Preventing Heat-related Illnesses
What seniors and caregivers need to know to stay safe this summer
Heat stroke, heat exhaustion and other heat-related illnesses can affect anyone, but did you know that certain people, including seniors, are particularly vulnerable? As the weather warms up, it’s a good time to refresh your knowledge about the signs of heat stroke and other emergencies, what to do if they strike, and prevention tips to keep yourself and others safe and healthy.
Who’s at risk?
In hot, humid weather, certain people are at higher risk of illness caused by excessive heat and/or dehydration: babies and young children, seniors, people with chronic illnesses (such as heart disease, diabetes and respiratory illnesses), people with mental illnesses, people who take certain medications (such as drugs for high blood pressure, insomnia and depression) and people who have limited mobility.
What to watch for
These are the signs and symptoms of heat-related emergencies, according to the Canadian Red Cross:
Cramps or muscle tightening, usually in the legs and abdomen, but also possible in other parts of the body
- Dizziness, weakness and feeling faint
- Skin that is redder or paler than usual, or moist skin
- Rapid, shallow breathing
- Irritable, bizarre or aggressive behaviour
Types of heat-related illnesses
People often use the term “heat stroke” to describe heat-related illness, but there are different types. Ontario’s Ministry of Health and Long-Term Care describes four conditions and their symptoms:
- Heat cramps: painful muscle cramps, usually in the legs or abdomen
- Heat edema: swelling of hands, feet and ankles
- Heat exhaustion: heavy sweating, weakness, dizziness, nausea, vomiting, fainting
- Heat stroke: headache, dizziness, confusion or other altered mental state and fainting; skin may be hot and dry, or the person may sweat due to high body temperature; this is a potentially fatal medical emergency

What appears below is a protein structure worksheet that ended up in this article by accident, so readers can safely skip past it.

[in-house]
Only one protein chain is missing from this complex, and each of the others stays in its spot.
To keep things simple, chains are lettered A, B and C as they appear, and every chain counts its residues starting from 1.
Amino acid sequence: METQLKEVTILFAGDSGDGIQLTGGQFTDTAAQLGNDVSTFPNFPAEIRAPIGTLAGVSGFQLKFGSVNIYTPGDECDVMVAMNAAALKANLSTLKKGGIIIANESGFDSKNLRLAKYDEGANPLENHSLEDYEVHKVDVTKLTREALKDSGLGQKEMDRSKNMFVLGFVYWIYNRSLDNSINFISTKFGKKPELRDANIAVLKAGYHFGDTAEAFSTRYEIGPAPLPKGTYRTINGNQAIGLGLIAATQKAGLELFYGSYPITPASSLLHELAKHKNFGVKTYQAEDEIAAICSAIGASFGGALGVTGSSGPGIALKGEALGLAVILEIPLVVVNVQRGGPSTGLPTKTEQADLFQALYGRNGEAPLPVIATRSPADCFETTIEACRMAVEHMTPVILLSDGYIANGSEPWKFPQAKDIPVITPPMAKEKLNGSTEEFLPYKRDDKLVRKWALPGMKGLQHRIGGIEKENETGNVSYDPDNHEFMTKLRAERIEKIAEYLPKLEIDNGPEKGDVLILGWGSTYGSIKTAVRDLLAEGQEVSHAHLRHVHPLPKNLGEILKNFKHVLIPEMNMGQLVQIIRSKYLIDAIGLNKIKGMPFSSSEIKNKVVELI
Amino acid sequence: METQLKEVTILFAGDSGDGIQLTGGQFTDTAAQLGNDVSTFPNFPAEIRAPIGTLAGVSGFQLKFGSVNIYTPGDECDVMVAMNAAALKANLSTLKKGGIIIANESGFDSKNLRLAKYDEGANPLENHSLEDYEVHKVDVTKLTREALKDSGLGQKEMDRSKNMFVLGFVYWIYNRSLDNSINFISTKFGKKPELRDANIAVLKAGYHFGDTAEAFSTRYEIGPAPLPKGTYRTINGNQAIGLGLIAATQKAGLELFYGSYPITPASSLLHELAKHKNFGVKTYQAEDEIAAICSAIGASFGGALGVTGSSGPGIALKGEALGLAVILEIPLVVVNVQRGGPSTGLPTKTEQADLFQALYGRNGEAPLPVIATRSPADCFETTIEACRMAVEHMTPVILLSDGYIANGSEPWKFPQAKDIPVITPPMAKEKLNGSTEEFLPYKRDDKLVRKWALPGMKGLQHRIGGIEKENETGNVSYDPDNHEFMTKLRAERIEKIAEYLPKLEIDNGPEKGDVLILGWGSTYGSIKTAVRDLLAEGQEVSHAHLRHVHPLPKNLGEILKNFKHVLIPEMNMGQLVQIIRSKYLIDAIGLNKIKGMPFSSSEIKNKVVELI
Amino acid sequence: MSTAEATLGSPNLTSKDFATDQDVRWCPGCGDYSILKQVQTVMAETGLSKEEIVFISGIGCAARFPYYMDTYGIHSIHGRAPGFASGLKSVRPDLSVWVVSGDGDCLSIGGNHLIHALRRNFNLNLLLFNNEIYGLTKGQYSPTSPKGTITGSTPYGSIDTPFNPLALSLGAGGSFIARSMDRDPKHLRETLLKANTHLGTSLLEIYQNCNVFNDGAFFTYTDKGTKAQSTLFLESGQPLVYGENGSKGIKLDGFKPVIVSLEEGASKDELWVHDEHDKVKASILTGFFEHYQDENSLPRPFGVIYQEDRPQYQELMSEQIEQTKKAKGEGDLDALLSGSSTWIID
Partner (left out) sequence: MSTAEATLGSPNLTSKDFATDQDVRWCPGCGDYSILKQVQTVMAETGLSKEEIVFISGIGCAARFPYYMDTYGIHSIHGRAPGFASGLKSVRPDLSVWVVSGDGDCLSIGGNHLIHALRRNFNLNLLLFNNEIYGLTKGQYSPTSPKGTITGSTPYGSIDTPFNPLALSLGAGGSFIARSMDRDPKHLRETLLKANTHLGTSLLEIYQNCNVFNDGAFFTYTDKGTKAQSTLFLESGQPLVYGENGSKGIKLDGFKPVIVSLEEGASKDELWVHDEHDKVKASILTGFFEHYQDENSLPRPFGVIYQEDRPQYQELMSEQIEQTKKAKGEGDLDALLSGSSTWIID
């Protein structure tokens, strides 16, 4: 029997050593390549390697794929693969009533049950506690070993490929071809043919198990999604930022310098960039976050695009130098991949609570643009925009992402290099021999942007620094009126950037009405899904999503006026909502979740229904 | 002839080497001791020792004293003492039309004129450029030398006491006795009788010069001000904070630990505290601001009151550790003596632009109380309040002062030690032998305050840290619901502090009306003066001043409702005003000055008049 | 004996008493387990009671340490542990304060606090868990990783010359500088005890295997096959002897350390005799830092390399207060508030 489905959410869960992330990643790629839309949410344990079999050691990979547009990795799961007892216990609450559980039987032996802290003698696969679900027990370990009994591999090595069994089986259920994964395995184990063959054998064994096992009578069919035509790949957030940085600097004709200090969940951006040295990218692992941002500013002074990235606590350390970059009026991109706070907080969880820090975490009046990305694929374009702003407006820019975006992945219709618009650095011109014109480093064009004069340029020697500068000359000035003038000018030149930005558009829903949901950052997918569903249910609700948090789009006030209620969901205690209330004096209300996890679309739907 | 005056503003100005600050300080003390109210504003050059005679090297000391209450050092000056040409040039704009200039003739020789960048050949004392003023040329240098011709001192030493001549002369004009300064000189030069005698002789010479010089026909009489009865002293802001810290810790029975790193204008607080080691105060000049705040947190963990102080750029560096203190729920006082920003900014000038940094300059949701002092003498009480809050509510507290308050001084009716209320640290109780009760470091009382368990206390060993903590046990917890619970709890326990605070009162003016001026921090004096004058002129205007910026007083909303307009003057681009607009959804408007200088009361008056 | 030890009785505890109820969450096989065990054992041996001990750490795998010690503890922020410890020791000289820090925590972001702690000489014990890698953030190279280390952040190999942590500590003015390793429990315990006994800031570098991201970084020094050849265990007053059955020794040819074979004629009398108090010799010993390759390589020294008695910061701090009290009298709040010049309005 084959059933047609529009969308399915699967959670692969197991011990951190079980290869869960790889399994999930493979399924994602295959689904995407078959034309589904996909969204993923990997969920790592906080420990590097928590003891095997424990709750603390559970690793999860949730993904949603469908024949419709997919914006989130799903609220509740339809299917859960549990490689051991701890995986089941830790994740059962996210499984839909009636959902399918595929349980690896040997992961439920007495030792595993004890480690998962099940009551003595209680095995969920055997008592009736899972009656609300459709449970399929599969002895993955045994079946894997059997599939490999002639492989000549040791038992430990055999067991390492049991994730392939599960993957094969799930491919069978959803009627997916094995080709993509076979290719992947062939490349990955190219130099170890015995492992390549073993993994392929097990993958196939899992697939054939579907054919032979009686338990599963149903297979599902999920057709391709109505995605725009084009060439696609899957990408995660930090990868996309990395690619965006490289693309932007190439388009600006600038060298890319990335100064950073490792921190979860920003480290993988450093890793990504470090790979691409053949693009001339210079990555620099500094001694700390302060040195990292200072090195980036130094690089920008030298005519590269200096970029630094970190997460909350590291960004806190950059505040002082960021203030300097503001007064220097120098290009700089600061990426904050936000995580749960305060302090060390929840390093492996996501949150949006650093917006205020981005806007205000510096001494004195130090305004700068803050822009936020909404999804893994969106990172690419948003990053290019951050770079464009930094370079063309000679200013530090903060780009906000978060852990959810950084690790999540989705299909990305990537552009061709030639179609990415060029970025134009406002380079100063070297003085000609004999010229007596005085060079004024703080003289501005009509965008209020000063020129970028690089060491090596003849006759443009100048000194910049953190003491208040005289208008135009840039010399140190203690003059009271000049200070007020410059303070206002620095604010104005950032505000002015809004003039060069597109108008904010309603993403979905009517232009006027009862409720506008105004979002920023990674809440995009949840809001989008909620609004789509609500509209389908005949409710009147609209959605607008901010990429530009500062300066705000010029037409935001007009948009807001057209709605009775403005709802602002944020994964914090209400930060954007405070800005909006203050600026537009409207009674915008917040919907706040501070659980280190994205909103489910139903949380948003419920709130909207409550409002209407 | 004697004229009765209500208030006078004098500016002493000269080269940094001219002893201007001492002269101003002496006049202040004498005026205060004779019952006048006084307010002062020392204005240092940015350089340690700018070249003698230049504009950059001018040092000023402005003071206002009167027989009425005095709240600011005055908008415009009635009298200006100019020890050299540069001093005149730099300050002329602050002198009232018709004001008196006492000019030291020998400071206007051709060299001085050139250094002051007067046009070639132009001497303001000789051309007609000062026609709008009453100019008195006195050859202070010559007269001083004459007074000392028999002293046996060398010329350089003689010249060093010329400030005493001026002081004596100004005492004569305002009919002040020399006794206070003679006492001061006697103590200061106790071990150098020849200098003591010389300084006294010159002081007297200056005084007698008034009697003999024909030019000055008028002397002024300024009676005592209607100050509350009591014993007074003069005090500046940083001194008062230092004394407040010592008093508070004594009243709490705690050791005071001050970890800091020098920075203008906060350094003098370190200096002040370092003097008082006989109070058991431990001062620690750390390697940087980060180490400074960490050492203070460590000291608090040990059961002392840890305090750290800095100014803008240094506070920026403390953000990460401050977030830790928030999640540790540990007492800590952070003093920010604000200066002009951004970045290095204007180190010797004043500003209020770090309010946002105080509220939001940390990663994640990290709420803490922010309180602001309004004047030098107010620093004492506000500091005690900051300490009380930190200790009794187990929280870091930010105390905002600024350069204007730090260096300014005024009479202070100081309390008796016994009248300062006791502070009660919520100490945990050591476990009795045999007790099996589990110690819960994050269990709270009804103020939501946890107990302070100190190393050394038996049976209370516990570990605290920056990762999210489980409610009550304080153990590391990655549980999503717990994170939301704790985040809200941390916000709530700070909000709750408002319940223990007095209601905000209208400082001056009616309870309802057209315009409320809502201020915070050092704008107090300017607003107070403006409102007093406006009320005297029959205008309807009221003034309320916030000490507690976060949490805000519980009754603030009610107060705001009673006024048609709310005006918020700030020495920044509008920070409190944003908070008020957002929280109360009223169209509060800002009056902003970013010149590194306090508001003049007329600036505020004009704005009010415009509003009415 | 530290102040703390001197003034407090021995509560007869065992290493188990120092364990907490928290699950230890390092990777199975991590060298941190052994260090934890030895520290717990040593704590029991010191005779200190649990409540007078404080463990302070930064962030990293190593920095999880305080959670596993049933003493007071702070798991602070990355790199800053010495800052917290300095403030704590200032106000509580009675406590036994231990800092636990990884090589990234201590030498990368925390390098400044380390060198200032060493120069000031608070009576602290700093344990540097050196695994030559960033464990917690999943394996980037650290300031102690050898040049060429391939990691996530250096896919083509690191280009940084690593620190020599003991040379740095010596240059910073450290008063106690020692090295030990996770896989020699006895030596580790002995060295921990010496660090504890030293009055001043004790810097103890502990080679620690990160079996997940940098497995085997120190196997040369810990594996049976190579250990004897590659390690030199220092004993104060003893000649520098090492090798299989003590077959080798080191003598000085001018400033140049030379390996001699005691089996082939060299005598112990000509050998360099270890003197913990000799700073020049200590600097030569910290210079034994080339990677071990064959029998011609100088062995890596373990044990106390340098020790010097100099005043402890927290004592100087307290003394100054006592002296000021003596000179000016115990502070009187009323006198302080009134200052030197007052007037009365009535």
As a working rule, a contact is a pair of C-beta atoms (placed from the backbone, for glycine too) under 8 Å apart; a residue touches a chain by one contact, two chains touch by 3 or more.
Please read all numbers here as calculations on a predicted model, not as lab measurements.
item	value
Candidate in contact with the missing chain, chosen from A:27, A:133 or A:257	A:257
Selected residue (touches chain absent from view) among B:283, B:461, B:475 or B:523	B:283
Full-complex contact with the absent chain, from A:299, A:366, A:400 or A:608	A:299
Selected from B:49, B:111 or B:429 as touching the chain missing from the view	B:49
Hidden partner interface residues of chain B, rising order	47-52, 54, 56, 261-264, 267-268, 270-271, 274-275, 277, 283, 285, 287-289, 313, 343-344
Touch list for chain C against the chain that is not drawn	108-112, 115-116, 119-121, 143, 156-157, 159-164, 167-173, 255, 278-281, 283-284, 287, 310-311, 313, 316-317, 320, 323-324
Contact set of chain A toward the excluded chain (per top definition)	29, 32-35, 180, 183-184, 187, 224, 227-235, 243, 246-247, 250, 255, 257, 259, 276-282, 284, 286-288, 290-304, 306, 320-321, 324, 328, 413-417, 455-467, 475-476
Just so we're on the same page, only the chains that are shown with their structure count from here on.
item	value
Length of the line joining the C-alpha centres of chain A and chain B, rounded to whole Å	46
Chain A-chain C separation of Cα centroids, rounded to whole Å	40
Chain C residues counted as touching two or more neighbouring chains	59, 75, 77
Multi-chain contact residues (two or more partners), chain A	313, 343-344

What to do if you suspect heat-related illness
If you notice signs or symptoms of heat-related illnesses, move to a cooler location right away. Sip cool water and loosen any tight clothing. Apply cool water to your skin and fan yourself. Seek medical help. If you notice someone who appears confused, is unconscious or has stopped sweating, call emergency services (9-1-1).
How to prevent heat-related illnesses
Stay cool and safe this summer with these expert tips:
- Stay hydrated. This is important year-round, but especially in the summer. St. John Ambulance recommends aiming for at least 12 cups of water daily. The Canadian Red Cross advises drinking fluids regularly, even if you don’t feel thirsty. Water is the best choice; avoid alcohol and caffeine.
- Check the weather. You can find forecasts and air-quality reports online. Plan activities and outings so that you minimize exposure to heat and smog.
- Dress for the heat. Choose loose-fitting, lightweight, light-coloured clothing. When going outdoors, wear a wide-brimmed hat. For sun protection, don’t forget to put on sunscreen and wear UV-blocking sunglasses.
- Stay in the shade. Carry an umbrella to create shade if necessary.
- Keep your home cool. Air conditioning and fans can help you feel cooler. Close blinds or curtains to block the sun’s rays. Take cool showers or baths when needed (and avoid saunas and hot tubs). Make meals that don’t require the oven or other hot appliances. If it’s still too hot at home, visit an air-conditioned space in your community (such as a shopping mall, library or community centre).
- Talk to your doctor or pharmacist. Certain medications can increase your risk of heat-related illness. These include drugs used to treat high blood pressure, heart conditions (including anginas and arrhythmias), mental illnesses, Parkinson’s disease, Alzheimer’s disease or seizures.
- Stay in touch. When the weather is really hot, check on seniors you know – friends, family members, neighbours. If you’re a senior, arrange to have someone visit regularly.
Together, we can keep seniors safe from the dangerous effects of excessive heat. If you have elderly loved ones whom you can’t visit as often as you would like, consider home care services that protect their health and well-being.
To learn how Bayshore Home Health helps seniors live independently,